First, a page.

Loot Boxes facing Increased Pressure from Governments

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It’s fair to say that the launch of Star Wars Battlefront II has not gone according to plan for Electronic Arts (EA). Following massive backlash from the gaming community over the loot boxes found in-game, several governments have also started taking a close look at the practice of using loot boxes in video games. Governments from the United States, Europe, and Australia have had harsh words about the practice, and this could cause massive problems for video game developers.

Loot boxes under scrutiny

Pressure continues to mount on EA for its loot crates. Several governments have looked into the practice, with some even deciding they constitute gambling.

Belgian Gambling Commission Investigating Loot Boxes

A loot box is a virtual box that contains a selection of randomly generated in-game items. The issue has now become whether loot boxes should be classified as gambling. The ESRB originally said no, as players are guaranteed to receive some items in each loot box they pay for, even it if it’s not what they want.

However, the Belgian Gaming Commission has started looking into the system and whether it is gambling. The investigation has been completed and it has determined loot boxes are a form of gambling. There is also concern that mixing video games and gambling will be very bad for children. While some agree that loot crates are not technically gambling, there is also evidence to suggest that they can be just as addictive for some people.

Hawaii Has Harsh Words for EA & Loot Boxes

It’s not just happening in Europe. Some states in America have spoken out about these loot boxes. One of the most outspoken is Hawaii. A state representative described the way loot crates were implemented in Battlefront II as predatory behaviour by EA. The representative also referred to the game as a ‘Star Wars-themed online casino’ which would lure children into spending money. Hawaii also warned parents about the situation with Battlefront II.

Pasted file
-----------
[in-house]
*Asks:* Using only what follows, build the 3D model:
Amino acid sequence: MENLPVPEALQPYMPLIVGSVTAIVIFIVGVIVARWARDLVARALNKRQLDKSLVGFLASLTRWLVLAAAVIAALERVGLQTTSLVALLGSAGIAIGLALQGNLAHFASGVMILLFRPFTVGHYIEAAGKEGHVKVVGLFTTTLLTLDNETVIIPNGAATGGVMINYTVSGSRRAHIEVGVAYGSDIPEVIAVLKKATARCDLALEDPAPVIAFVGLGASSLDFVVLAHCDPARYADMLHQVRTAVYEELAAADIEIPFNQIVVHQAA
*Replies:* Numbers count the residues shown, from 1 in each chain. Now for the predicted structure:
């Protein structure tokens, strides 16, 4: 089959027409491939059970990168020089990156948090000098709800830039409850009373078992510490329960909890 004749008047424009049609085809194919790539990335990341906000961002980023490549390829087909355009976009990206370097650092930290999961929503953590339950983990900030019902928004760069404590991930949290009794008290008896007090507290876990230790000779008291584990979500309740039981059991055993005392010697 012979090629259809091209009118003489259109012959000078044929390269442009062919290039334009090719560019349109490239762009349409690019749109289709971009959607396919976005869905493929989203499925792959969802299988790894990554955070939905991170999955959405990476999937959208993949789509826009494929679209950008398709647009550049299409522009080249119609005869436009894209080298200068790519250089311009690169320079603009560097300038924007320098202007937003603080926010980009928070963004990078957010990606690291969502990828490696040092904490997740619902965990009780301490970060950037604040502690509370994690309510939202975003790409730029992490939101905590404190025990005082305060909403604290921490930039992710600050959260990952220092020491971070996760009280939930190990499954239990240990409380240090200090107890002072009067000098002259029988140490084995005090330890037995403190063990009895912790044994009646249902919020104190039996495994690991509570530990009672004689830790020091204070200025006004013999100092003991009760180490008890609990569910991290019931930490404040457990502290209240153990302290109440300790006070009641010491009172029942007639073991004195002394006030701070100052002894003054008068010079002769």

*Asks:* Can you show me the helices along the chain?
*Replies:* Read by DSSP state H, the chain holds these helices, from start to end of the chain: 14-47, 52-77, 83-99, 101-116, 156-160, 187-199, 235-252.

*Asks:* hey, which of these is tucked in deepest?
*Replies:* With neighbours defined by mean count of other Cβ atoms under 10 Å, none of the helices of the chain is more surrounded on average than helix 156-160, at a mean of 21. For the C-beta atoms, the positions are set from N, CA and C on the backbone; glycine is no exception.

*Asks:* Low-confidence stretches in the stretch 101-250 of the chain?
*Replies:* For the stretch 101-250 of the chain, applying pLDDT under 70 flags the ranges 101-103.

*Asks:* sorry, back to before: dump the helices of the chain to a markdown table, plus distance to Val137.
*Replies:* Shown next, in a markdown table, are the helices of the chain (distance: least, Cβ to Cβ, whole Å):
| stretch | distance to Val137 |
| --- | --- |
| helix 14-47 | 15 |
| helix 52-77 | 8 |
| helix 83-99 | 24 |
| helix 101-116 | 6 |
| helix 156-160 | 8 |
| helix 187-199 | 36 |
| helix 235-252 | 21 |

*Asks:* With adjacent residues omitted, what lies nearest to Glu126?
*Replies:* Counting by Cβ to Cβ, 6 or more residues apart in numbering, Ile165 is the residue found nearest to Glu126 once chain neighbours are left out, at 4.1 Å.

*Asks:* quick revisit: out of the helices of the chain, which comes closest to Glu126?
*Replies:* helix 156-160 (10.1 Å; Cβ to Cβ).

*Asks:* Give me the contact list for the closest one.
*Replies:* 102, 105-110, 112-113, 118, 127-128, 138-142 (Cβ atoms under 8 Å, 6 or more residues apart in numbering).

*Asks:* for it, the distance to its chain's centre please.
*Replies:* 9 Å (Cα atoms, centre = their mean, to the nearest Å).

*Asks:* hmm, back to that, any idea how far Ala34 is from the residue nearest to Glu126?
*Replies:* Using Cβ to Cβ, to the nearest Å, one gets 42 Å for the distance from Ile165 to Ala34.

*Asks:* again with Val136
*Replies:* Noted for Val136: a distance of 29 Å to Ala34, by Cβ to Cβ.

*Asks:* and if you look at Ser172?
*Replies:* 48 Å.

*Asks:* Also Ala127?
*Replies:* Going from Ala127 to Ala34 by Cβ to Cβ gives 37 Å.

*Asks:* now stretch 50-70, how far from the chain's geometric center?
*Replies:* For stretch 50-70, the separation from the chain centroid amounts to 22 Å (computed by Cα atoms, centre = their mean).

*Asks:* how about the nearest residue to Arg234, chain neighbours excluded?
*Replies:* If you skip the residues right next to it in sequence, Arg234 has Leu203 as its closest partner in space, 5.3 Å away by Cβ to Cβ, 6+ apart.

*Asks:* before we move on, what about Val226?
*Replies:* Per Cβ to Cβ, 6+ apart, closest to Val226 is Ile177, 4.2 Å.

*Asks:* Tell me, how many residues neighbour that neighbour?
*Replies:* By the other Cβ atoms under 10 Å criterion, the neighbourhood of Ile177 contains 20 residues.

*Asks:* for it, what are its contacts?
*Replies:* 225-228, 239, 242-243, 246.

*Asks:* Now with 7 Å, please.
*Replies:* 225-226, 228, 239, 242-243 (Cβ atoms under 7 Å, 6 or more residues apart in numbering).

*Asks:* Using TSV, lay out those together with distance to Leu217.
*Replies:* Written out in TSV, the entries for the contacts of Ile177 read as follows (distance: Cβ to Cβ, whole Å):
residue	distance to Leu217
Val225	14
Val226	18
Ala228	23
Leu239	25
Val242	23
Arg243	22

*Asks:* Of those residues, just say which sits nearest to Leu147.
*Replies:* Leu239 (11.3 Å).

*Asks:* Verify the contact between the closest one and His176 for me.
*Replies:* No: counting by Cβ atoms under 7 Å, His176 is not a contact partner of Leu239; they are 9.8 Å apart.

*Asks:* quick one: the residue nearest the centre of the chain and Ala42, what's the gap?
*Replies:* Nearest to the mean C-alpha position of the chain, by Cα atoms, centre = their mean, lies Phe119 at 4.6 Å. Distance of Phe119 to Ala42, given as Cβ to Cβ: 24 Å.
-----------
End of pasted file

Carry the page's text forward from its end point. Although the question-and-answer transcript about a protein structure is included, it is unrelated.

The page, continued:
Loot boxes were originally mainly found in free-to-play mobile games, but they started finding their way into mainstream $60 Triple-A games. While most people don’t have an issue with them, when the items contained in the loot boxes are just cosmetic, Battlefront II gave player actual in-game advantages to players who received the right items from the loot boxes. His created fears that the game would be pay-to-win, essentially meaning players would need to spend money on loot crates to try and compete with players who already had.

Time will tell how this whole situation turns out, but having governments looking at how loot boxes affect children and those prone to gambling addiction, is certainly not what EA wanted. In addition, the game has sold 60% less copies than the Star Wars Battlefront; EA released in 2015.